Who is the real culprit behind bad creative briefs?
The people who screw up the creative brief are not likely to read this essay. That's too bad. They need a serious talking to. The thing is, I don't know who they are by name, but I do know their identities by title or role within a client's organization. Notice I don't mention ad agencies. While everyone, everywhere, struggles with getting this document right, agencies know its value and take it seriously. At least the agencies I've worked for, and the people I know who work for them.
Client-side marketers, on the other hand, still display a dangerous ignorance about the creative brief. An ignorance bordering on insanity. No, I take that back. They are insane. Crazy insane.
The document designed to transform brands—and to make these insane people look good—is routinely ignored, undervalued, sabotaged, or all of the above.
Why? I wish I knew.
But I know who is to blame. They commit the same error for the same reason:
Which means my ranting will likely solve nothing.
Yet rant I will. I must. I have been called the "lone voice" on behalf of the creative brief. This is what a lone voice does.
The troglodytes come in three flavors, but share the same title: Senior Management.
1. They sabotage the creative brief process.
They sabotage because they can. They work like this:
Before the project has an official "kick off," these saboteurs are either invited to review the creative brief, or asked to help compose it. They refuse. They ignore the request. They make excuses. They might beg forgiveness. But the result is the same. Their voice is not heard.
Then the creative brief emerges, and the next step occurs: the project kick-off.
The brief is discussed, or more likely debated for its lack of clarity and direction, but the driving force is always The Deadline. Usually yesterday. The work commences.
Then the work is presented, but not to the decision maker. Instead, to a less senior group. Some good idea rises to the top. Then it hits its first big hurdle. Senior Management (SM), who refused to participate in the opening stages, now steps in.
This is often when SM sees both the creative brief, as well as the creative work, for the first time. SM objects. The reason hardly matters. SM doesn't like something. They revise the brief in some way, and that always means the creative work misses the mark. The process starts over.
Lost time. Lost enthusiasm. And what the SM should be most attuned to, but is not, lost $$$.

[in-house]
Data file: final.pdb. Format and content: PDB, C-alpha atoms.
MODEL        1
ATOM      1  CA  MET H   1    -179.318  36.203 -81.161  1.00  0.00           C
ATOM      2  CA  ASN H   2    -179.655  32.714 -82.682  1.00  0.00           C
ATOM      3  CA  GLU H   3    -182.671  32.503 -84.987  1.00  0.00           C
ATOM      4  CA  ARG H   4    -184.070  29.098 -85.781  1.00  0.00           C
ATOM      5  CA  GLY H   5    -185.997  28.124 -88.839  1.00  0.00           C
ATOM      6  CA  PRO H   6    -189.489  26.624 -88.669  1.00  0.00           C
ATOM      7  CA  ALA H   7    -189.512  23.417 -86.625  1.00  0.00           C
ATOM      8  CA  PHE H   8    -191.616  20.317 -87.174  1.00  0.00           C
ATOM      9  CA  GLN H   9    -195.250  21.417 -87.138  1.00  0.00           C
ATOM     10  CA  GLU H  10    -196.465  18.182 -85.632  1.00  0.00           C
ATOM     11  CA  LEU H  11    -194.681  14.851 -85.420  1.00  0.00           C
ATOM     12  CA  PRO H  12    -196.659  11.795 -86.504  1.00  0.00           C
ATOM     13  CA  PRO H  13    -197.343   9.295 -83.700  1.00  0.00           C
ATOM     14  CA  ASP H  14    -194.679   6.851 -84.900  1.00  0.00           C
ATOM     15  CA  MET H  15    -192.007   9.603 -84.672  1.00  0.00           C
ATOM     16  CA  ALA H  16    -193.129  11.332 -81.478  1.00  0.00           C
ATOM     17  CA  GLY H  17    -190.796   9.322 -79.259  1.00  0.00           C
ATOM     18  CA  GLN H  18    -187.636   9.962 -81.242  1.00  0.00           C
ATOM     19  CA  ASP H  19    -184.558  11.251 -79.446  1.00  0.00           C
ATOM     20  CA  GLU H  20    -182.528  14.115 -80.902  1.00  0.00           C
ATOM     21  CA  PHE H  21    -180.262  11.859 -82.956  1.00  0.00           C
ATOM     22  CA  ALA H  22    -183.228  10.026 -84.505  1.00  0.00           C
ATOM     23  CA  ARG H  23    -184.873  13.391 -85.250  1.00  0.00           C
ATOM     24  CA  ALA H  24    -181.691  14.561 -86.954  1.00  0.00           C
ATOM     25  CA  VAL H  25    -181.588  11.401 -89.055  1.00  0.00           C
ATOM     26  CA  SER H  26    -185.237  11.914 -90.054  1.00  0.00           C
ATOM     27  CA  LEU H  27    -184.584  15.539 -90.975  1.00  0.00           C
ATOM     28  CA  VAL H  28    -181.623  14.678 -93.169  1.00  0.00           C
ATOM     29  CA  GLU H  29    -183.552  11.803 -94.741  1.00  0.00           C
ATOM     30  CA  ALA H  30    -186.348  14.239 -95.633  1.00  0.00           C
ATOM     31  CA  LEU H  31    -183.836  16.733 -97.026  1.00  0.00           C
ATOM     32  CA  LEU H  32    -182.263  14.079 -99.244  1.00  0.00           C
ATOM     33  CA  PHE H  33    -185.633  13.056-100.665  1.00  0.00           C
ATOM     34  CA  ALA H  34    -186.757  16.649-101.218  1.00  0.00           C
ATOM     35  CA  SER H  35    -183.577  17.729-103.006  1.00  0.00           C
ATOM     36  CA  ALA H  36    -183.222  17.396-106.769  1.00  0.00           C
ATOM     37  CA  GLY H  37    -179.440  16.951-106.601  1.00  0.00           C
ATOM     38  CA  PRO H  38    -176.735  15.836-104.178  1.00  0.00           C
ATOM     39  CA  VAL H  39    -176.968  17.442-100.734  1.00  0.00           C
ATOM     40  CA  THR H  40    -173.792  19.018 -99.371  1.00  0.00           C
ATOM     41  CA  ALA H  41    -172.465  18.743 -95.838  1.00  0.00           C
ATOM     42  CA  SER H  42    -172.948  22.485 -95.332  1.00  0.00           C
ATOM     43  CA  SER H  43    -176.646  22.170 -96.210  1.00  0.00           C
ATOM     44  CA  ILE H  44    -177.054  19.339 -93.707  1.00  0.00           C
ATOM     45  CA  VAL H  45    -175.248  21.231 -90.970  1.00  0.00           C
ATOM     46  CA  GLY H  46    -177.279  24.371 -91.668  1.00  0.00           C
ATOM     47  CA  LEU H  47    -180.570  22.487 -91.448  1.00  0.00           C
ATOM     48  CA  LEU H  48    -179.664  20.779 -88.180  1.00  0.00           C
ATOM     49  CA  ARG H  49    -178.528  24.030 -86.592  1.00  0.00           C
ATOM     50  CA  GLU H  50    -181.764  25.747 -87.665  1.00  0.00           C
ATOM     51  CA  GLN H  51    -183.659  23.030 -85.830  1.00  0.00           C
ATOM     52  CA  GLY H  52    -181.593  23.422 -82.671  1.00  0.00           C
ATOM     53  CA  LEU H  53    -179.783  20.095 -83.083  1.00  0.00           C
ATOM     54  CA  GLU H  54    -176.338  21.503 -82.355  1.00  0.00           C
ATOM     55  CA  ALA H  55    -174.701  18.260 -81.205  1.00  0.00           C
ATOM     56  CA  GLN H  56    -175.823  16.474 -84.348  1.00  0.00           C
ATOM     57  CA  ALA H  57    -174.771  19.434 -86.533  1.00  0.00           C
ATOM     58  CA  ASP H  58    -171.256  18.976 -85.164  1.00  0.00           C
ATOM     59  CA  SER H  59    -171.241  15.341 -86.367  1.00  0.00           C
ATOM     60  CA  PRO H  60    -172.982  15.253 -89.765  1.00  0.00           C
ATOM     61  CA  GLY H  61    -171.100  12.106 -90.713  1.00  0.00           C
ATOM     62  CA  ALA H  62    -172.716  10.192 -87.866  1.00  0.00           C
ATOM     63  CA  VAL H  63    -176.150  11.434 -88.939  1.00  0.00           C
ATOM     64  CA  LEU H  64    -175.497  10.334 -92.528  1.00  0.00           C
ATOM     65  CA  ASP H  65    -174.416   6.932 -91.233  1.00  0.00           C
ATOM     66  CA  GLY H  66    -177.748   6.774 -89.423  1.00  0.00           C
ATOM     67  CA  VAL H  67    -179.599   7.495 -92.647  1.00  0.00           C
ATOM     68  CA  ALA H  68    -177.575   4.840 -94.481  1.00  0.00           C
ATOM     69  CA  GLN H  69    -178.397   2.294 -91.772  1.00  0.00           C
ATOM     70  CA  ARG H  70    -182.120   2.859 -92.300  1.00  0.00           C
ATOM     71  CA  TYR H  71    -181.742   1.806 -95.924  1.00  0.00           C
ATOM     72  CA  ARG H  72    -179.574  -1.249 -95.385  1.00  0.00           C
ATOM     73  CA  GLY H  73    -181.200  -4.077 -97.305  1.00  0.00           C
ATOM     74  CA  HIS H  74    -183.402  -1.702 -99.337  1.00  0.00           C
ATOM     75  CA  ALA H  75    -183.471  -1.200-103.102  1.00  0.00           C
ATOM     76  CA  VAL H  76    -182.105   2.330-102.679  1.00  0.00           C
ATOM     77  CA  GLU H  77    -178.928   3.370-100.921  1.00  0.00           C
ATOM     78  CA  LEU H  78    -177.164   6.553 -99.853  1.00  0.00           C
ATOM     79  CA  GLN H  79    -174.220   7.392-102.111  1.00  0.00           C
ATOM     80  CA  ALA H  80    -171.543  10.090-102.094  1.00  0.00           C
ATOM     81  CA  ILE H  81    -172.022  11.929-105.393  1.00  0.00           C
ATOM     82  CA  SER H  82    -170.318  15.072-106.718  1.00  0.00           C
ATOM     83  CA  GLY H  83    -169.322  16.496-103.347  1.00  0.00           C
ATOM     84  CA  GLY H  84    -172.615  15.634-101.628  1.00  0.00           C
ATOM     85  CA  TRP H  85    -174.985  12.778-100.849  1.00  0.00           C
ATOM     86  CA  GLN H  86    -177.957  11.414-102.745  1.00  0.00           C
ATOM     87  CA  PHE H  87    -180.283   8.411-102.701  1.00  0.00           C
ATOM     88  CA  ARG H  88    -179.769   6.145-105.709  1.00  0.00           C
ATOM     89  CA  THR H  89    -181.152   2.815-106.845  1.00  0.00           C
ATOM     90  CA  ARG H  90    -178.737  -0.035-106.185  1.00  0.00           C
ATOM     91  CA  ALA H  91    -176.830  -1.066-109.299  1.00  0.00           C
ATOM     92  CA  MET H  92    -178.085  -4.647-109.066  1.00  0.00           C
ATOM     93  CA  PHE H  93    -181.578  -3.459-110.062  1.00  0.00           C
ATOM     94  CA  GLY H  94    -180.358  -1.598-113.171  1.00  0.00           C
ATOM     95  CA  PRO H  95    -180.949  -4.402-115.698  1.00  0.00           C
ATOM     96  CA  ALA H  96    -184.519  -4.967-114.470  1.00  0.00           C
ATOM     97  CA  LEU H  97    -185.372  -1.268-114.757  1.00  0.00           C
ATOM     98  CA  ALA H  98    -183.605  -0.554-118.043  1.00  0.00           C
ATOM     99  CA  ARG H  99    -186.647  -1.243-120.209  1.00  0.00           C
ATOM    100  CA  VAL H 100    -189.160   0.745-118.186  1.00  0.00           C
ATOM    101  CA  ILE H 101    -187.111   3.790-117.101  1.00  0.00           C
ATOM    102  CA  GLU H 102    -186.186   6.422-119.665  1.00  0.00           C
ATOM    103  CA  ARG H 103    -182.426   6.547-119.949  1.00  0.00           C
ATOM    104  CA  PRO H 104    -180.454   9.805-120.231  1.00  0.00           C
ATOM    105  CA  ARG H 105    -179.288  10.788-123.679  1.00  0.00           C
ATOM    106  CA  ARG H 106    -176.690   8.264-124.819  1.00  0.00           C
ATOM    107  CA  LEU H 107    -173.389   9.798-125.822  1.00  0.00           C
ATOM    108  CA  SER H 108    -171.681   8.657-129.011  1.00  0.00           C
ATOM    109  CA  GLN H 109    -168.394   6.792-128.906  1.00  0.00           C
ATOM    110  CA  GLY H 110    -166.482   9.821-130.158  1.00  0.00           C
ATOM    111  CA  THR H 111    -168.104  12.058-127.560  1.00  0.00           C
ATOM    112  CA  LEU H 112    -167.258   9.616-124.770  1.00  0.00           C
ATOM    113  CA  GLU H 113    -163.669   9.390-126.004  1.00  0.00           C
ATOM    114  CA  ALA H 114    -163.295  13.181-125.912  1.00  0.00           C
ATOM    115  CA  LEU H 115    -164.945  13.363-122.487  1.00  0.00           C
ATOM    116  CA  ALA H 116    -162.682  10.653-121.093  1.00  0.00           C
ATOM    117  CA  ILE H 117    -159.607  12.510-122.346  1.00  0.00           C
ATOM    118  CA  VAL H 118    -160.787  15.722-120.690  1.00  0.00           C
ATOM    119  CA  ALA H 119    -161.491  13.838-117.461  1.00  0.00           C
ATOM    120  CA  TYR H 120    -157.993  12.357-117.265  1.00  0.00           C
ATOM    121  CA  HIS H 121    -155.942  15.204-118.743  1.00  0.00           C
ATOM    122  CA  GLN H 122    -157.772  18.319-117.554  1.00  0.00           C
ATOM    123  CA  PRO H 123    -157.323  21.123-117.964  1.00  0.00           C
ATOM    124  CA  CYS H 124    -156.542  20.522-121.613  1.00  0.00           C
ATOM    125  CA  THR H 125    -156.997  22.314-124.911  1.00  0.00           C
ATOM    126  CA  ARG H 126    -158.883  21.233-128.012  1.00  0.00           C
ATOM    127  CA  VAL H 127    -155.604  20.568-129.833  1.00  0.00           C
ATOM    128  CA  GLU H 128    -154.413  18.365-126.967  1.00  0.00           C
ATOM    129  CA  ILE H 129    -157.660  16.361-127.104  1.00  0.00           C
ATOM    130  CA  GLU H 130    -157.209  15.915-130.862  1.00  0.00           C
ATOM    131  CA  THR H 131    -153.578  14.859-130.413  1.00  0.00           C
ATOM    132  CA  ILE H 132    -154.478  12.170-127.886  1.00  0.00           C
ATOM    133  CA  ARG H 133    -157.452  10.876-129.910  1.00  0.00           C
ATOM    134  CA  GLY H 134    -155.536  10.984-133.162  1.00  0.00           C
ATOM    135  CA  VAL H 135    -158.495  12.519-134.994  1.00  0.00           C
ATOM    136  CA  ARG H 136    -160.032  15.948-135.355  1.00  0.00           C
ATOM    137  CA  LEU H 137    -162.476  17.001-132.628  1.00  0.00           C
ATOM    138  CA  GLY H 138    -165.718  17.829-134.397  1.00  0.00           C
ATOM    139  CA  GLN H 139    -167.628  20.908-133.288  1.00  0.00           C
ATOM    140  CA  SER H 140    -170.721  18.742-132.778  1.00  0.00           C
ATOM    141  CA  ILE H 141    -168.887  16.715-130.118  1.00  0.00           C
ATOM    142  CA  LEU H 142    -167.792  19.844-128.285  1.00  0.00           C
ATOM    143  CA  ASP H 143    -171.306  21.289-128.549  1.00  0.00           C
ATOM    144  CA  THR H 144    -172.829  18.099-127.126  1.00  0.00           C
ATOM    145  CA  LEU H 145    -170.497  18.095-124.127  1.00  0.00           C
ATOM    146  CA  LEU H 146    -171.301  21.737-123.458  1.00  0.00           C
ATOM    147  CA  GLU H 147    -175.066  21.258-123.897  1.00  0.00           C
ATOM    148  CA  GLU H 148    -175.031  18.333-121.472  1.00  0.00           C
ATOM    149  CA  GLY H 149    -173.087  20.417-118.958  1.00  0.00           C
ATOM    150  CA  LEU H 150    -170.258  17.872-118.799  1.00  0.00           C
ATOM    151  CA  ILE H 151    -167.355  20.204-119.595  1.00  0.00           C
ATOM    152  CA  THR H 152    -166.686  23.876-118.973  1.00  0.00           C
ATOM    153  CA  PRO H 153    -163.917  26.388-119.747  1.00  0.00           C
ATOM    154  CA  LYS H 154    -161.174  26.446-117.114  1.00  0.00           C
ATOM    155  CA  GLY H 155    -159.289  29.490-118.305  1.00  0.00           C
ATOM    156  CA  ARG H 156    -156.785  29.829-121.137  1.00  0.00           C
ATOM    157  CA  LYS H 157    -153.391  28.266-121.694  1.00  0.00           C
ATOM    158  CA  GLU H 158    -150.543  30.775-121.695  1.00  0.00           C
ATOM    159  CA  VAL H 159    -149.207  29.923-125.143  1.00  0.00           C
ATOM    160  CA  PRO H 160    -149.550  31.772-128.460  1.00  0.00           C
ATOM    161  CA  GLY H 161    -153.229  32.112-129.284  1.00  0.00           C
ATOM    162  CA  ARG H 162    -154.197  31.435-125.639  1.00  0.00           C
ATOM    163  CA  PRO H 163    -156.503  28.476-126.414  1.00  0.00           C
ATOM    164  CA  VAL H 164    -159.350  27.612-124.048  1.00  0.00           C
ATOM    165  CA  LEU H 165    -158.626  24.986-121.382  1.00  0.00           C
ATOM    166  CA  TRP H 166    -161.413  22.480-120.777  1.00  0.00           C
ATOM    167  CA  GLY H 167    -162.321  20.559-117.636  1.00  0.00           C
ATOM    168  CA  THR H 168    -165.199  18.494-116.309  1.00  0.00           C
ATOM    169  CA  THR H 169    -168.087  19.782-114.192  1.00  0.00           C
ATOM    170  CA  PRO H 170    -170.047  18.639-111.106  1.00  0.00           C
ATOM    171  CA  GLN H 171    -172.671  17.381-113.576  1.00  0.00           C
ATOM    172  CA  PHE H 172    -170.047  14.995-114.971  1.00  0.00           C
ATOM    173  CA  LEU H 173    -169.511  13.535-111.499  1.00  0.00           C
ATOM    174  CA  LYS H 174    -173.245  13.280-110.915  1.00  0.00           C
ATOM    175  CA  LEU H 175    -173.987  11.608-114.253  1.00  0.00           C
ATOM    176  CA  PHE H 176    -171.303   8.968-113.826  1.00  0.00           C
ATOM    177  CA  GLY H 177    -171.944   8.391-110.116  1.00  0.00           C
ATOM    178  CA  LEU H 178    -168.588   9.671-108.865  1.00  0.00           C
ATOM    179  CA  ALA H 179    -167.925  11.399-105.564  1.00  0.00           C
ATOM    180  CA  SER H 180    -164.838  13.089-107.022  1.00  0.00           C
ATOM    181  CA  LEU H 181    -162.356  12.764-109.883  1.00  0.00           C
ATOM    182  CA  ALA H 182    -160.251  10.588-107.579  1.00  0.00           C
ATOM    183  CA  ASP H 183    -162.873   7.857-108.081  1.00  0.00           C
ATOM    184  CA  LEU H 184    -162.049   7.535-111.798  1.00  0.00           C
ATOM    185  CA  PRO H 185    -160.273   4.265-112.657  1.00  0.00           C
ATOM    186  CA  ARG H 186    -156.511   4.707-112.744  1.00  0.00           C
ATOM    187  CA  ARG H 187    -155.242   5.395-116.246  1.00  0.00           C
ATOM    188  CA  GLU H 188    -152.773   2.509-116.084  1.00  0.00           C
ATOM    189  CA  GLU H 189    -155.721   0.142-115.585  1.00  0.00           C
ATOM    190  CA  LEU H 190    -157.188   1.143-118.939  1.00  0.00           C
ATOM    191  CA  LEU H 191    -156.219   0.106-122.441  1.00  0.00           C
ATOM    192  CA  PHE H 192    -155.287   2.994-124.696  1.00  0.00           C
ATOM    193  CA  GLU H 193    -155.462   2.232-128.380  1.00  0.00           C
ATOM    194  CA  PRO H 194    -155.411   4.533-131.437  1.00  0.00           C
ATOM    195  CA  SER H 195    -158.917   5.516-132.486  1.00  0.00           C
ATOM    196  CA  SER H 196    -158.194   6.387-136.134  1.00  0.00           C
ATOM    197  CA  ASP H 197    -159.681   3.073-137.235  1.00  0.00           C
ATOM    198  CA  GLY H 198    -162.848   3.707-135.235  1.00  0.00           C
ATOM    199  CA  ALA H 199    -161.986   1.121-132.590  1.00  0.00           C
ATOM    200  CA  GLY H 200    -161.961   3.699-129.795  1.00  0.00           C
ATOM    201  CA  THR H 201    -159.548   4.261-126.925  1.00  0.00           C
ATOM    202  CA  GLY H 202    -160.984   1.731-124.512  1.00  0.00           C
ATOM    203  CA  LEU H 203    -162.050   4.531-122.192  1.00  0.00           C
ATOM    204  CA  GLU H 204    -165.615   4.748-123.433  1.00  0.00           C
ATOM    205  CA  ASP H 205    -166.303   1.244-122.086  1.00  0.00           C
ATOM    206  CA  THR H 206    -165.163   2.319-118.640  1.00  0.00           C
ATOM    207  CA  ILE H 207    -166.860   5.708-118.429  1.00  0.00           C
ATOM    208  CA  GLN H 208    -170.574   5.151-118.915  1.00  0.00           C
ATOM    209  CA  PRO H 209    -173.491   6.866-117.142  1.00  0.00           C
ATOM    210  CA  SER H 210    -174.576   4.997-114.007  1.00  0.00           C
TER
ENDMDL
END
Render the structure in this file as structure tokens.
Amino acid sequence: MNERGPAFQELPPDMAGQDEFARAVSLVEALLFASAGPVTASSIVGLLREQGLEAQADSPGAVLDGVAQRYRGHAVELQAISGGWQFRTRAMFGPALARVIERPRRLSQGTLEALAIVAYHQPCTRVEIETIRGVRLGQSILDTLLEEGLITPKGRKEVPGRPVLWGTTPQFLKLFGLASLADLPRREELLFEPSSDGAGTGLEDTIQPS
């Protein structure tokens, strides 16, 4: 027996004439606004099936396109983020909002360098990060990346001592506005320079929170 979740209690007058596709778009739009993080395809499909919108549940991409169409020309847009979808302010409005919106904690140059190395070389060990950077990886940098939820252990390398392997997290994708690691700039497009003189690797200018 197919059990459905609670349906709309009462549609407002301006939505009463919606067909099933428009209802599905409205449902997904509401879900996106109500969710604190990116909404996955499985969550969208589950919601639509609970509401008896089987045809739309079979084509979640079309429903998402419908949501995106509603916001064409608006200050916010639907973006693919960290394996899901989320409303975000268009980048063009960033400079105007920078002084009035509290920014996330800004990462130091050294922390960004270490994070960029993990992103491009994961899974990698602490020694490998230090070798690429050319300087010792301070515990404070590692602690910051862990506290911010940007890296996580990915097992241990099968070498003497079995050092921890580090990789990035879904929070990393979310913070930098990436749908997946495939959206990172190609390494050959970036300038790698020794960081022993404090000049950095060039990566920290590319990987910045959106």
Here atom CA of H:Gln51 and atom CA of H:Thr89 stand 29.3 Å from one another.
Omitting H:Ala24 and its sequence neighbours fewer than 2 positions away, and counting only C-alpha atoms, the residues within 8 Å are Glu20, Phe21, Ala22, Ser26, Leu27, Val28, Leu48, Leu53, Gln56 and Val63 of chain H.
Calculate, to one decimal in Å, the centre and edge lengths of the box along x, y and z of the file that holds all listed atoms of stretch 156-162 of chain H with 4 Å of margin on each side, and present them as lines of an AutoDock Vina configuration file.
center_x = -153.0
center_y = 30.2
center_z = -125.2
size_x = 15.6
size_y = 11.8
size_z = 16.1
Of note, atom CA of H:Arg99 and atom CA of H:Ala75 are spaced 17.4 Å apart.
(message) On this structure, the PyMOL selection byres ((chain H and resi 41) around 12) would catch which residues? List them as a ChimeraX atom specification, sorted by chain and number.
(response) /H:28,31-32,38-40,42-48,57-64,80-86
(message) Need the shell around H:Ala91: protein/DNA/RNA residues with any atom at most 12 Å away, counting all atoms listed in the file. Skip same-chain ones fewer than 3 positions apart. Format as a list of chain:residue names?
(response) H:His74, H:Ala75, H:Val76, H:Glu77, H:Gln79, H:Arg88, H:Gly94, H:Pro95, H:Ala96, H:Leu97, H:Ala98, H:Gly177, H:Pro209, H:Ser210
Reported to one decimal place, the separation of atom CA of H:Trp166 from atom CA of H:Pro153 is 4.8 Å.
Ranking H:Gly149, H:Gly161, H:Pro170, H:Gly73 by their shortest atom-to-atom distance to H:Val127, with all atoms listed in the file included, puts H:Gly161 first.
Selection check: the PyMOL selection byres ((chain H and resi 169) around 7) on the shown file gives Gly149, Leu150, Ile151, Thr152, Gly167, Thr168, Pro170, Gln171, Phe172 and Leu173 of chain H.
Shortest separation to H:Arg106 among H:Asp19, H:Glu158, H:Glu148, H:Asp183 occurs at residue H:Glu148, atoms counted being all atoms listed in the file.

When a stake holder fails to get involved in the beginning, everyone pays...in the middle and especially in the end.
When there are multiple stake holders, it's not unusual for no one to claim "final authority." Worse, no one cares. Multiple turfs, silo-ed responsibilities, no collaboration. Everyone pays.
This is willful sabotage.
2. They don't understand the creative brief.
All I have to write is: The Telephone Game. This is a simple visual.
You immediately picture a group of children...er...Senior Management. The one on the farthest left whispers something into the ear of the SM next to him. By the time the last in line hears the whispered message and announces what she has heard, the joke is on everyone. You know how this works.
But for reasons passing understanding, SM fails to grasp the concept. SM is convinced that a creative brief is not necessary. That everyone knows what the task is.
Even some veteran creatives buy into this nonsense. The rationale: We creatives often go without a brief and we manage to figure out what's needed, and always deliver.
Bless you. My response: Why do you put up with it? Why do you become enablers?
No ad agency I know of works without a creative brief. Once in my past, I worked for a small B-to-B shop that did not use a creative brief. After months of pestering, SM relented, and instructed me to write the briefs.
Me, the copywriter.
Look what they have wrought.
3. They don't believe in the creative brief.
I know, this is so close to #2 it may not deserve its own rant. But it's a disease all its own. These troglodytes use the creative brief, but put so little stock in it that you might as well not have one at all. They are closer to #1 than #2 because this group of SM is likely to sabotage the process.
The primary difference between the saboteurs and the non-believers is: Influence.
Saboteurs dent morale, but the believers in the creative brief who work for them never lose faith.
Non-believers infect the entire organization.
I know this is flirting dangerously with religion, but the analogy fits. You have to put your faith in something that provides a rallying point. The creative brief is the logical and emotional center for the brand and of the creative process. These are its purposes.
When you encounter troglodytes, you have to work especially hard to immunize yourself and your organization from their disease.
I have the feeling that you're nodding in agreement with much, perhaps most, of what I've written.
"Alas," you say, "what can I do?"
Here's a thought: Print this out and leave it on the desk of your favorite troglodyte.